This is simple biology. Cutting back on carbs can help with weight loss, lower insulin levels, and reverse insulin resistance, which may help to balance the hormonal system. This can enable ovulation and a normal menstrual cycle, in addition to improving or eliminating other symptoms.16
While the stories of these women can be inspirational, it’s important to remember that a collection of anecdotes does not equate with scientific evidence:
Here’s a longer post on the topic:
Trying to conceive? Try the better baby diet of beef, butter & bacon
GuideIt’s possible that cutting carbs prior to conception might improve a woman’s chances of becoming pregnant.
Some health care professionals have also found that carb restriction can be incredibly effective for helping people with PCOS reverse their disease and get pregnant.17 This includes a group of Australian dietitians that we previously wrote about.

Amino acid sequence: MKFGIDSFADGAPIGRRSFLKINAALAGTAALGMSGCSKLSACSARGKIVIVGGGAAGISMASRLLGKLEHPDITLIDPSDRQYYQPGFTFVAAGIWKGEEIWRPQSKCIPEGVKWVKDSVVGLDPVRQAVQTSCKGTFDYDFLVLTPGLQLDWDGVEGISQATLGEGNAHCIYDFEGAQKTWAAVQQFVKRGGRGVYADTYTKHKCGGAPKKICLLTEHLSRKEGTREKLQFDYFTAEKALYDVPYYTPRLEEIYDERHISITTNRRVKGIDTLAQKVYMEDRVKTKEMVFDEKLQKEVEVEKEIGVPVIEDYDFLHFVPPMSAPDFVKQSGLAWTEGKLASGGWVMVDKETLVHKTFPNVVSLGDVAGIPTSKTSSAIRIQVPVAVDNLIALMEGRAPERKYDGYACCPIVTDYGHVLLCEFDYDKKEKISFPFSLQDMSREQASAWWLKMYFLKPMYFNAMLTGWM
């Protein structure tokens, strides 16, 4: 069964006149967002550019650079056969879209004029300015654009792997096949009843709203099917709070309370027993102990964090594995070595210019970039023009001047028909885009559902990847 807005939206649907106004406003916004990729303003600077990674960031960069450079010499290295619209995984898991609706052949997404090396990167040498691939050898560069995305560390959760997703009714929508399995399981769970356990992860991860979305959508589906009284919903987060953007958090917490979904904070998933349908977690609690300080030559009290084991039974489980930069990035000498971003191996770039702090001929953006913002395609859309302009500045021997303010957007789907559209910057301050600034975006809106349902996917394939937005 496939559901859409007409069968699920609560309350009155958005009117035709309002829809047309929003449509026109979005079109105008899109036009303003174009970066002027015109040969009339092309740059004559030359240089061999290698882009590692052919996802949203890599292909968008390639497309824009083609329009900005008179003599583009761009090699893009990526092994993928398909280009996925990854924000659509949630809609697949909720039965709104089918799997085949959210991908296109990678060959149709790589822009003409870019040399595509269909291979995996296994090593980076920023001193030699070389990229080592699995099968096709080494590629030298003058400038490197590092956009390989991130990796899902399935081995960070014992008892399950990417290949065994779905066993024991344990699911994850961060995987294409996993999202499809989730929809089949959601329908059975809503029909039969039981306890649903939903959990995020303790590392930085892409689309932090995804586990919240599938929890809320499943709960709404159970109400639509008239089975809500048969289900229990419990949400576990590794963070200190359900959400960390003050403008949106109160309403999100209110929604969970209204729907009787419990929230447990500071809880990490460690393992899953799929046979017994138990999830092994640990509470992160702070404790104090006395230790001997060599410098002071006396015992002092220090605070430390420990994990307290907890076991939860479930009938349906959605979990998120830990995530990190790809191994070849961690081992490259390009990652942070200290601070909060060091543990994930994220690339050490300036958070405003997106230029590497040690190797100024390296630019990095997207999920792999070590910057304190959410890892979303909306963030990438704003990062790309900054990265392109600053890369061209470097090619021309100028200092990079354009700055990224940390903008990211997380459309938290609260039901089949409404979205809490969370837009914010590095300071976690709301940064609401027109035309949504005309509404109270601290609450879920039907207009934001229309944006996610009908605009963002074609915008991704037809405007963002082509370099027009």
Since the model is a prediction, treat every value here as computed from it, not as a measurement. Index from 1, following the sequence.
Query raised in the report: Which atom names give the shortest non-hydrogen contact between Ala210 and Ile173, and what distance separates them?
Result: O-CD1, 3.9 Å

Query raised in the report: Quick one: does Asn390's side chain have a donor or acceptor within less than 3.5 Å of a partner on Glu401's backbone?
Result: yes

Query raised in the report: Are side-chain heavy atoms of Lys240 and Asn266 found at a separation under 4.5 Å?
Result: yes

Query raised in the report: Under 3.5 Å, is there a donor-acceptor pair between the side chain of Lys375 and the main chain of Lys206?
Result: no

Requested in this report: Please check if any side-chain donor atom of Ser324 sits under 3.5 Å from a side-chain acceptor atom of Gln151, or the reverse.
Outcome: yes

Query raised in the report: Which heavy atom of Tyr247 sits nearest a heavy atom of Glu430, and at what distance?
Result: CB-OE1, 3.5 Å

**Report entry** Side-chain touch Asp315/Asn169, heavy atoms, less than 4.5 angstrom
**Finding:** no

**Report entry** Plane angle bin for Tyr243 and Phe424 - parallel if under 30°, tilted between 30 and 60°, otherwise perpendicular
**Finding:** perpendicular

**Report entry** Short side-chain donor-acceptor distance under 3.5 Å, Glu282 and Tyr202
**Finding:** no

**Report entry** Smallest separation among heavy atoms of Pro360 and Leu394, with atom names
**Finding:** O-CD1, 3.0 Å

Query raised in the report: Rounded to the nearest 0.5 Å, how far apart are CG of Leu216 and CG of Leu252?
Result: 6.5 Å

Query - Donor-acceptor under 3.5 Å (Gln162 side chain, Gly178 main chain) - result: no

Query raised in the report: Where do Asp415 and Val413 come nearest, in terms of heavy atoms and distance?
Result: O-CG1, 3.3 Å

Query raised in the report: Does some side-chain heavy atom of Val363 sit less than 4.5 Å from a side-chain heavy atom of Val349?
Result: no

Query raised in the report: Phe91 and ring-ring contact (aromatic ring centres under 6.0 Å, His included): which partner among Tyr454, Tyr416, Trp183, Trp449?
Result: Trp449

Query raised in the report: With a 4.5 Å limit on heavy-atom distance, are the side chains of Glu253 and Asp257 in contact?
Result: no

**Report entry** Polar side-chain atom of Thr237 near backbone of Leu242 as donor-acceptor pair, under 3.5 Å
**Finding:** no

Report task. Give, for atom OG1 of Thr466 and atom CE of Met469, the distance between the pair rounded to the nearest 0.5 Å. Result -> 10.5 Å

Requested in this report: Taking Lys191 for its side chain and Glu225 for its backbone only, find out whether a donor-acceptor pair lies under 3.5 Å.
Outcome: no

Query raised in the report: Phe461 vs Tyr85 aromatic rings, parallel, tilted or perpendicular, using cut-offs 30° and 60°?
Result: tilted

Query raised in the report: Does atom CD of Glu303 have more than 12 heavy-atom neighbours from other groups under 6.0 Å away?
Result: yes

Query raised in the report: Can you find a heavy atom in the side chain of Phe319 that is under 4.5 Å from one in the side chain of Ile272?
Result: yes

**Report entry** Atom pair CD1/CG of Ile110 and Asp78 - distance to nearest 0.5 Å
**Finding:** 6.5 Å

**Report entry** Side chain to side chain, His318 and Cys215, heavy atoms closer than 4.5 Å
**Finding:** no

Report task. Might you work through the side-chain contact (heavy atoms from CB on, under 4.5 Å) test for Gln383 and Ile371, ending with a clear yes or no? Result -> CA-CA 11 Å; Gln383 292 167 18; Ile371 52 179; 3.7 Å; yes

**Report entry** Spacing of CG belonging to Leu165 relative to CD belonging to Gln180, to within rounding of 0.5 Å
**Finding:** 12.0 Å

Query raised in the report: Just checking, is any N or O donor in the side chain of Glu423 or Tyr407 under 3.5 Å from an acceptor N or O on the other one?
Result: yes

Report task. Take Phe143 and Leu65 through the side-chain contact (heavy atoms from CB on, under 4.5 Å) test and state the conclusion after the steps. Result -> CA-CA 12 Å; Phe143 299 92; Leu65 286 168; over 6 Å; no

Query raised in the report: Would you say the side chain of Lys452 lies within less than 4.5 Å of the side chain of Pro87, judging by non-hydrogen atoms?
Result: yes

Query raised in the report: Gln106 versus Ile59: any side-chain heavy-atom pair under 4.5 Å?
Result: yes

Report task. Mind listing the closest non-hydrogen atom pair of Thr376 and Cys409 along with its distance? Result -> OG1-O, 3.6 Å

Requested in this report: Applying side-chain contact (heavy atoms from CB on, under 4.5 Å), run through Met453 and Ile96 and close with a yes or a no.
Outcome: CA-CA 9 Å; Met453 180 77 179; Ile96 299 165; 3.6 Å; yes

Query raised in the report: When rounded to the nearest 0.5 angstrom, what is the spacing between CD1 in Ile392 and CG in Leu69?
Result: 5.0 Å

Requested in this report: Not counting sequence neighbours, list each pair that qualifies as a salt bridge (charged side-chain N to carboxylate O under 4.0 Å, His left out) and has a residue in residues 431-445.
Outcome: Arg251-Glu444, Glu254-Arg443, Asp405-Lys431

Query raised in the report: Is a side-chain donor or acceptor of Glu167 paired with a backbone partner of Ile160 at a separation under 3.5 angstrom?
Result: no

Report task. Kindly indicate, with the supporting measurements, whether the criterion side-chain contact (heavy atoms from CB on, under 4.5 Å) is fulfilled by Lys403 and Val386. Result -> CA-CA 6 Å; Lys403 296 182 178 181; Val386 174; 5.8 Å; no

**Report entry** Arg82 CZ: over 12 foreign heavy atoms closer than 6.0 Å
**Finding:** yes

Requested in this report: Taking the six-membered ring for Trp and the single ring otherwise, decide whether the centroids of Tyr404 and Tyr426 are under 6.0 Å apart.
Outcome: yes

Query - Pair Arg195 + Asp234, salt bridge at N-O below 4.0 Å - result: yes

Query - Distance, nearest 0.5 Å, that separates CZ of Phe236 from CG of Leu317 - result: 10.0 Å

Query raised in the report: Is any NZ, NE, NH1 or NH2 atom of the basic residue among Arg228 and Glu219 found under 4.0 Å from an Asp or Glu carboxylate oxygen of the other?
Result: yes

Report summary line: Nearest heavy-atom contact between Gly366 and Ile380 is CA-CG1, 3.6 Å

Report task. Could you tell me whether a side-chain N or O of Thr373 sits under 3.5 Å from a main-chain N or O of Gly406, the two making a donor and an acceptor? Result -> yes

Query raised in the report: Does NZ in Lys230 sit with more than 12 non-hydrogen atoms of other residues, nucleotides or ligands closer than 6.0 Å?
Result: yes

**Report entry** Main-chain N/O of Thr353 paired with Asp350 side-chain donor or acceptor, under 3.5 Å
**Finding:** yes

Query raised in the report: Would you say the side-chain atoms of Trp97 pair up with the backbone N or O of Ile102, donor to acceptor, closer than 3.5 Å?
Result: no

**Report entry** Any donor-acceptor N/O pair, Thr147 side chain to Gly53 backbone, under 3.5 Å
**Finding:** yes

Dr. Fox found that compared to only using drugs, adding a low-carb diet for PCOS patients increased their chance of pregnancy from 45% to over 90%!18
Dr. Michael Fox can be contacted at the Jacksonville Center for Reproductive Medicine.
More about PCOS and keto
Top 8 reasons to adopt a low-carb diet for PCOS
GuideAlmost all the symptoms of a common female condition called PCOS respond very well to a low-carb or ketogenic diet. Here are the top 8 reasons why.
More benefits of low carb
Why should you consider eating fewer carbs? There are many potential benefits, at all ages (although there’s hardly ever a reason for healthy kids to do a strict low-carb diet).
Here are some of the main benefits, and how to adapt a low-carb diet for your specific needs, to maximize the positive effects on your health.
The four most common benefits
More common benefits
Possible, less certain benefits
How to potentially reverse PCOS with low carb - the evidence